84-JMW Motorsport-Robert Smith, Ferrari F458 Italia
88-Proton Competition-Wolf Henzler, Porsche 911 RSR
90-TF Sport-Salih Yoluc/Euan Hankey/Rob Bell, Aston Martin Vantage
93-Proton Competition-Patrick Long, Porsche 911 RSR
99-Beechdean AMR-Andrew Howard, Aston Martin Vantage

Street race in Vietnam could lead Formula One’s Asia expansion

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TOKYO (AP) — Formula One is expected to add more races in Asia, including a street circuit in the capital of Vietnam, a country with little auto racing history that is on the verge of getting a marquee event.

“We think Hanoi could come on in the next couple of years, and we’re working with the Hanoi government to that end,” Sean Bratches, Formula One’s managing director of commercial operations, told the Associated Press.

There is even speculation it could be on the schedule next season, which Bratches rebuffed.

Vietnam would join countries like Azerbaijan, Russia and Bahrain, which have Grand Prix races, little history in the sport, and authoritarian governments with deep pockets that serve F1 as it tries to expand into new markets.

“This (Hanoi) is a street race where we can go downtown, where we can activate a large fan base,” Bratches said. “And you have extraordinary iconography from a television standpoint.”

A second race in China is also likely and would join Shanghai on the F1 calendar. Bratches said deciding where to stage the GP will “be left to local Chinese partners” – Beijing is a strong candidate.

Bratches runs the commercial side of Formula One, which was acquired last year by U.S.-based Liberty Media from long-time operator Bernie Ecclestone.

Formula One’s long-term goal is to have 24-25 races – up from the present 21 – and arrange them in three geographical segments: Asia, Europe and the Americas. Bratches said the Europe-based races would stay in middle of the calendar, with Asia or the Americas opening or ending the season.

He said their positioning had not been decided, and getting this done will be slowed by current contracts that mandate specific places on the calendar for several races. This means eventually that all the races in Asia would be run together, as would races in Europe and the Americas.

The F1 schedule is now an inefficient jumble, allowing Bratches to take a good-natured poke at how the sport was run under Ecclestone.

“We’ve acquired an undermanaged asset that’s 67-years-old, but effectively a start-up,” Bratches said.

Early-season races in Australia and China this year were conducted either side of a trip to Bahrain in the Middle East. Late in the season Formula One returns to Asia with races in Japan and Singapore.

The Canadian GP this season is run in the middle of the European swing, separated by four months from the other races in the Americas – the United States, Mexico and Brazil. These three are followed by the season-ending race in Abu Dhabi, which means another trip across the globe.

“With the right economics, with the right structure and cadence of events across territories, 24 or 25 is probably where we’d like to be from a longer-term standpoint,” Bratches said.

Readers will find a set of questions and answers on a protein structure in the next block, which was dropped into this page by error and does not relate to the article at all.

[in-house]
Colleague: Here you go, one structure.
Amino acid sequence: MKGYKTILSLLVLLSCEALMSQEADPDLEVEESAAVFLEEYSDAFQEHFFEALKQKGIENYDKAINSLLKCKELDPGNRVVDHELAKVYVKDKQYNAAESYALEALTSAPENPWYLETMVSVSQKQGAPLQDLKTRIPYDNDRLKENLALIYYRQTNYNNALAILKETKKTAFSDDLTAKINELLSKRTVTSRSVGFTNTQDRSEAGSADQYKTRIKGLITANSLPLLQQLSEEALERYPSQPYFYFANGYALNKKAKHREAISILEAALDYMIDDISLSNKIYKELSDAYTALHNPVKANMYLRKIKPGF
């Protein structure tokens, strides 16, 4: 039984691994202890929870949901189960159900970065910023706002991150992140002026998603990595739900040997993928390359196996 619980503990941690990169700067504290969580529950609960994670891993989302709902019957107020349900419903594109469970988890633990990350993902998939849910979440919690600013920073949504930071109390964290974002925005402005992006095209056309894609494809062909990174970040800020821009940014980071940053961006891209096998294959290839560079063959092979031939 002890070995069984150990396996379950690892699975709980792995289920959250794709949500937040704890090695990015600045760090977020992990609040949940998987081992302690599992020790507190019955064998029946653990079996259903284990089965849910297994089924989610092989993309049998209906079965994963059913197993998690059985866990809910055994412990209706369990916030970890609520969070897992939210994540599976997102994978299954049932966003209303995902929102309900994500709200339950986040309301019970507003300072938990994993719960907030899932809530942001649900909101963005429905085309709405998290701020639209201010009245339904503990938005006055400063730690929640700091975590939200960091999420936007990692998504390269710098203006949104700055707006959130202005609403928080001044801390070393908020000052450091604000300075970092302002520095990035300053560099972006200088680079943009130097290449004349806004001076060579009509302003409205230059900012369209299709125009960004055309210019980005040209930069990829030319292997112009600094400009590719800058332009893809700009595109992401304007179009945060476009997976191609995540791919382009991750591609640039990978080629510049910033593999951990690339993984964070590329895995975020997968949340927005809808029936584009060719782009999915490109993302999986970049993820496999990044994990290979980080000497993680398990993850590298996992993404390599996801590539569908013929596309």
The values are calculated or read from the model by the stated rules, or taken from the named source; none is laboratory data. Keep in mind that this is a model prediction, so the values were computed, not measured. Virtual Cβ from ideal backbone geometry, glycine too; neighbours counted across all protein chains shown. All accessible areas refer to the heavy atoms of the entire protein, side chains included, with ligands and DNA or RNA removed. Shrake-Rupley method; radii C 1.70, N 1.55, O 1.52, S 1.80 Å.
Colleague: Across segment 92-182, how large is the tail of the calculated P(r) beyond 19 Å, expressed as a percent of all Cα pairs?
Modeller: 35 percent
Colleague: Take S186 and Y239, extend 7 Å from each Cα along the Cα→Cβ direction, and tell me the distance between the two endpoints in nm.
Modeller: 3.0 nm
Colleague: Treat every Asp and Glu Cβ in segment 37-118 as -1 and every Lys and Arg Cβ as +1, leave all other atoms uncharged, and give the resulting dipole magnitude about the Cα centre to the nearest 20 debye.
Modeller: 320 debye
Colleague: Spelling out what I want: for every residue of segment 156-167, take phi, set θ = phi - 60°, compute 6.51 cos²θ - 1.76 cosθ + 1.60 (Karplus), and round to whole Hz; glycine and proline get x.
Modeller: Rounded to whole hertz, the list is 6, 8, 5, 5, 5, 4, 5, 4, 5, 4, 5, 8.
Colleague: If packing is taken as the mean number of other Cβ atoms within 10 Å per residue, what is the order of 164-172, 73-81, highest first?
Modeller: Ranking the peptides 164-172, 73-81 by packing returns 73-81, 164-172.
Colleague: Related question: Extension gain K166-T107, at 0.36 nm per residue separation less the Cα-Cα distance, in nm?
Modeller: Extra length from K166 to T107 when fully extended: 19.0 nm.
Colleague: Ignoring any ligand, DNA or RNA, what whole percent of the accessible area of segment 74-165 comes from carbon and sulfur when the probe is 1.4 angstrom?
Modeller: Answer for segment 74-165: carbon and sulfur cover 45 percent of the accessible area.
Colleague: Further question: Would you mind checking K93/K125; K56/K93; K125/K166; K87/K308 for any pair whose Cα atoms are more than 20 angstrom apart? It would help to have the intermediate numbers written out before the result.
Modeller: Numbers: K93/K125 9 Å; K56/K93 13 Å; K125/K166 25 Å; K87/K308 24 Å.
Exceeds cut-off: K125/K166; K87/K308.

Big changes are not likely to happen until the 2020 season ends. This is when many current rules and contracts expire as F1’s new owners try to redistribute some income to allow smaller teams to compete.

“There’s more interest than we have capacity in the schedule,” Bratches said, firing off Berlin, Paris or London as potentially attractive venues. “We want to be very selective.”

“Those cites from an economic impact standpoint would find us value, as do others around the world,” Bratches added. “It’s very important for us as we move forward to go to locations that are a credit to the Formula One brand.”

An expanded schedule would have to be approved by the teams, which will be stretched by the travel and the wear-and-tear on their crews. The burden will fall on the smaller teams, which have significantly smaller revenue compared with Ferrari, Mercedes or Red Bull.

Bratches also envisions another race in the U.S., joining the United States Grand Prix held annually in Austin, Texas. A street race in Miami is a strong candidate, as are possible venues like Las Vegas or New York.

“We see the United States and China as countries that could support two races,” he said.

Liberty Media has reported Formula One’s total annual revenue at $1.8 billion, generated by fees paid by promoters, broadcast rights, advertising and sponsorship. Race promotion fees also tend to be higher in Asia, which makes the area attractive – along with a largely untapped fan base.

In a four-year cycle, F1 generates more revenue than FIFA or the International Olympic Committee, which rely almost entirely on one-time showcase events.

Reports suggest Vietnamese promoters may pay between $50-60 million annually as a race fee, with those fees paid by the government. Bratches said 19 of 21 Formula One races are supported by government payments.

“The race promotion fee being derived from the government … is a model that has worked historically,” Bratches said.